The Not So Mundane

Take a look at what you write.

What is it that influences you the most?

I find I am inspired by the day-to-day actions of other people.  When I worked in a coffee/ sandwich shop inside a bank, I would analyze people by the sandwiches they ordered. You had the case of any number of stories.  Some people had to have the cheese melted on the meat, and others wanted meat, tomatoes, and then cheese. What made them chose that way?

In the midst of raising two children–one with autism–graduating with a Master of Arts in Teaching, being married, and beginning a teaching career; I still write. While I am not as active here and on social media, my writing still grows. I have worked on two projects: Elliot McSwean, my middle grades’ book, and my poetry memoir, now called I Never Saw Jesus in the Mirror.

While they are different genres, they share something in common. There are characters who have something interesting in the everyday world that becomes a part of the person in the book.  For example, Elliot’s parents are old school. He has to share a lap top with at least one of his three sisters. Here, I’m constantly inspired by kids.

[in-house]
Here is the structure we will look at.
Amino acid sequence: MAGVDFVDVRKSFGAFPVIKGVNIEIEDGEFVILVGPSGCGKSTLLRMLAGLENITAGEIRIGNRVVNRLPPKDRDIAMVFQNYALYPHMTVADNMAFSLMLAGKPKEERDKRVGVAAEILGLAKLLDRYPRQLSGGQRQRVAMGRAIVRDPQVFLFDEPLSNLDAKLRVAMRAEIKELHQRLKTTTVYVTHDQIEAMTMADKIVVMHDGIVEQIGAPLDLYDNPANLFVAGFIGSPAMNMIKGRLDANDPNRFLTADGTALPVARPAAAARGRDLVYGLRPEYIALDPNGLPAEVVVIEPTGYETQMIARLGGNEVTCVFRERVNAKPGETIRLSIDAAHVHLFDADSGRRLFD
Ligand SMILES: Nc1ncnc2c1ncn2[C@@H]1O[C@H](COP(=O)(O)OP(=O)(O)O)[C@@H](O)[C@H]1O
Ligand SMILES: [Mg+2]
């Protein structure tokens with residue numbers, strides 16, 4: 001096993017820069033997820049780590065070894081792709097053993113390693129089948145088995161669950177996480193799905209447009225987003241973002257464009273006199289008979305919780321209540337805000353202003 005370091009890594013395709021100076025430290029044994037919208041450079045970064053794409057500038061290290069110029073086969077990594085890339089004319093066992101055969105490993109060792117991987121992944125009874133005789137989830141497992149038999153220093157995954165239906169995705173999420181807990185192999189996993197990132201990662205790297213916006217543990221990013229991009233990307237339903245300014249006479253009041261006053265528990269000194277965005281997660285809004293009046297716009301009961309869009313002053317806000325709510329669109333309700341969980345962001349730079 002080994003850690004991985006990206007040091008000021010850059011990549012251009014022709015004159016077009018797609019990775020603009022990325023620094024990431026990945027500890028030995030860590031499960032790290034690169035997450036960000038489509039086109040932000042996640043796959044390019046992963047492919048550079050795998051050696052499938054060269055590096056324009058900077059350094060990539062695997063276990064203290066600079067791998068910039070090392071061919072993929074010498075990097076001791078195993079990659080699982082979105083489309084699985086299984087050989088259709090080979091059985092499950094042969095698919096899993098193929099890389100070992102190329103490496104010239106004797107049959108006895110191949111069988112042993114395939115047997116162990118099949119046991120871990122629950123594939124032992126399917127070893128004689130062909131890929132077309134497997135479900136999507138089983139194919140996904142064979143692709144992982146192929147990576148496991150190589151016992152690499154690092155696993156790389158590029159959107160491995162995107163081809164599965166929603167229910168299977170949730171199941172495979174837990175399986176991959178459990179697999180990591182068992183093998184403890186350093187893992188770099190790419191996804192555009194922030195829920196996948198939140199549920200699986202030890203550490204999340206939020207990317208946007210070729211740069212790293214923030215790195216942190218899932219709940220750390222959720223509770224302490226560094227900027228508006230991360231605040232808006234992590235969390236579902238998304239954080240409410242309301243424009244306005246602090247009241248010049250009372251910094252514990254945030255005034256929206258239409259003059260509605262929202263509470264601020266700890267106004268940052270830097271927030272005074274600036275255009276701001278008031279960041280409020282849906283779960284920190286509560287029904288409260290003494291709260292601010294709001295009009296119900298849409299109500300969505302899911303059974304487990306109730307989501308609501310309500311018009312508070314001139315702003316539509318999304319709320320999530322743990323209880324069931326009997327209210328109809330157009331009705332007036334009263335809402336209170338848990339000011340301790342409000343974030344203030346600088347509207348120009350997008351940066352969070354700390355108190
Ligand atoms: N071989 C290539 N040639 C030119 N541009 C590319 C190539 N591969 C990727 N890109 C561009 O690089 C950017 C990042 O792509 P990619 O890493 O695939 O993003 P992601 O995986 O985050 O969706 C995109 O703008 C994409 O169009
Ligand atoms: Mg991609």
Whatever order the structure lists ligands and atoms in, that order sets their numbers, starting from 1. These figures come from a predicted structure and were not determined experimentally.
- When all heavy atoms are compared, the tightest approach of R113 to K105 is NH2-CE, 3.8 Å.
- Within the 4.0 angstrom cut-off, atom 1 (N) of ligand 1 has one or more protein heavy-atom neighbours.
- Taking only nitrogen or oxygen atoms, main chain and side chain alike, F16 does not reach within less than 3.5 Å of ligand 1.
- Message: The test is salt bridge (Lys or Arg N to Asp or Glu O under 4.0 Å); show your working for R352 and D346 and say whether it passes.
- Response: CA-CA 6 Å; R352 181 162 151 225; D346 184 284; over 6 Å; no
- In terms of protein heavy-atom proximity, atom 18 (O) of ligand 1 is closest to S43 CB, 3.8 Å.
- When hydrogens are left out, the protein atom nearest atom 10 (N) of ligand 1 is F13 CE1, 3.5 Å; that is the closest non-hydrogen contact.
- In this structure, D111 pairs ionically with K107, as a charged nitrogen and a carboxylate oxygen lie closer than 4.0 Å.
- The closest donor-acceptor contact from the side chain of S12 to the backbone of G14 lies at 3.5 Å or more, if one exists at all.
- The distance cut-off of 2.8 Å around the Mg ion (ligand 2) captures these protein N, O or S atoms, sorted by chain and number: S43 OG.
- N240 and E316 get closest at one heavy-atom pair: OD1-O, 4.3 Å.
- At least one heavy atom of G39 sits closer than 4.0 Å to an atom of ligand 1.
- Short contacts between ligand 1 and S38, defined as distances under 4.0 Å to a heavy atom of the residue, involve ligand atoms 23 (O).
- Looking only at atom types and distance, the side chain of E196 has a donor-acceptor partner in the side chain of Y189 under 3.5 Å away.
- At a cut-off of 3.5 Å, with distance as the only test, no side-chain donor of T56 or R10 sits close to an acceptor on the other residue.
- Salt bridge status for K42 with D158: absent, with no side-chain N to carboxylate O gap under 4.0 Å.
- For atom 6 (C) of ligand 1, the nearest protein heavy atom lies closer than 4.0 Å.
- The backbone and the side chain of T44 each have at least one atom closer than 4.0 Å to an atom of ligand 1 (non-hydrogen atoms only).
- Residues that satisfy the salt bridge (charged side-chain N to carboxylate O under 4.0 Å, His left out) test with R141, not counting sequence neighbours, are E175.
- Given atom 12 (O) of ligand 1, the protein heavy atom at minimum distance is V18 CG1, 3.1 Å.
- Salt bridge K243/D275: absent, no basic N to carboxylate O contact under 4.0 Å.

Now, I’ve been reading Famous Last Words by Katie Alender as I prepare for teaching seventh graders.  She does two things I admire. She gets in touch with paranormal world–something I’ve never been comfortable with as a writer. She also writes some of the best, least repeatable comparisons to everyday life.  When the parents go out of town,  the character, Willa, has a cupcake for breakfast. I know teens who would do this.

In I Never Saw Jesus in the Mirror–the new title and the joining together of all the weird pieces of my family’s journey over the last few years–I touch on Mommy Wars. In fact, the poem I’m currently working on is called just that. I look at the question: How do we go from every day people to all of the sudden ready to take on another mom?  This is something that, while not every day, has become a new experience for my husband and I raising our son.

Luckily, those wars end with writing. Not someone getting arrested.

Look at your writing. What is something intriguing from your everyday experiences that finds its way into your writing?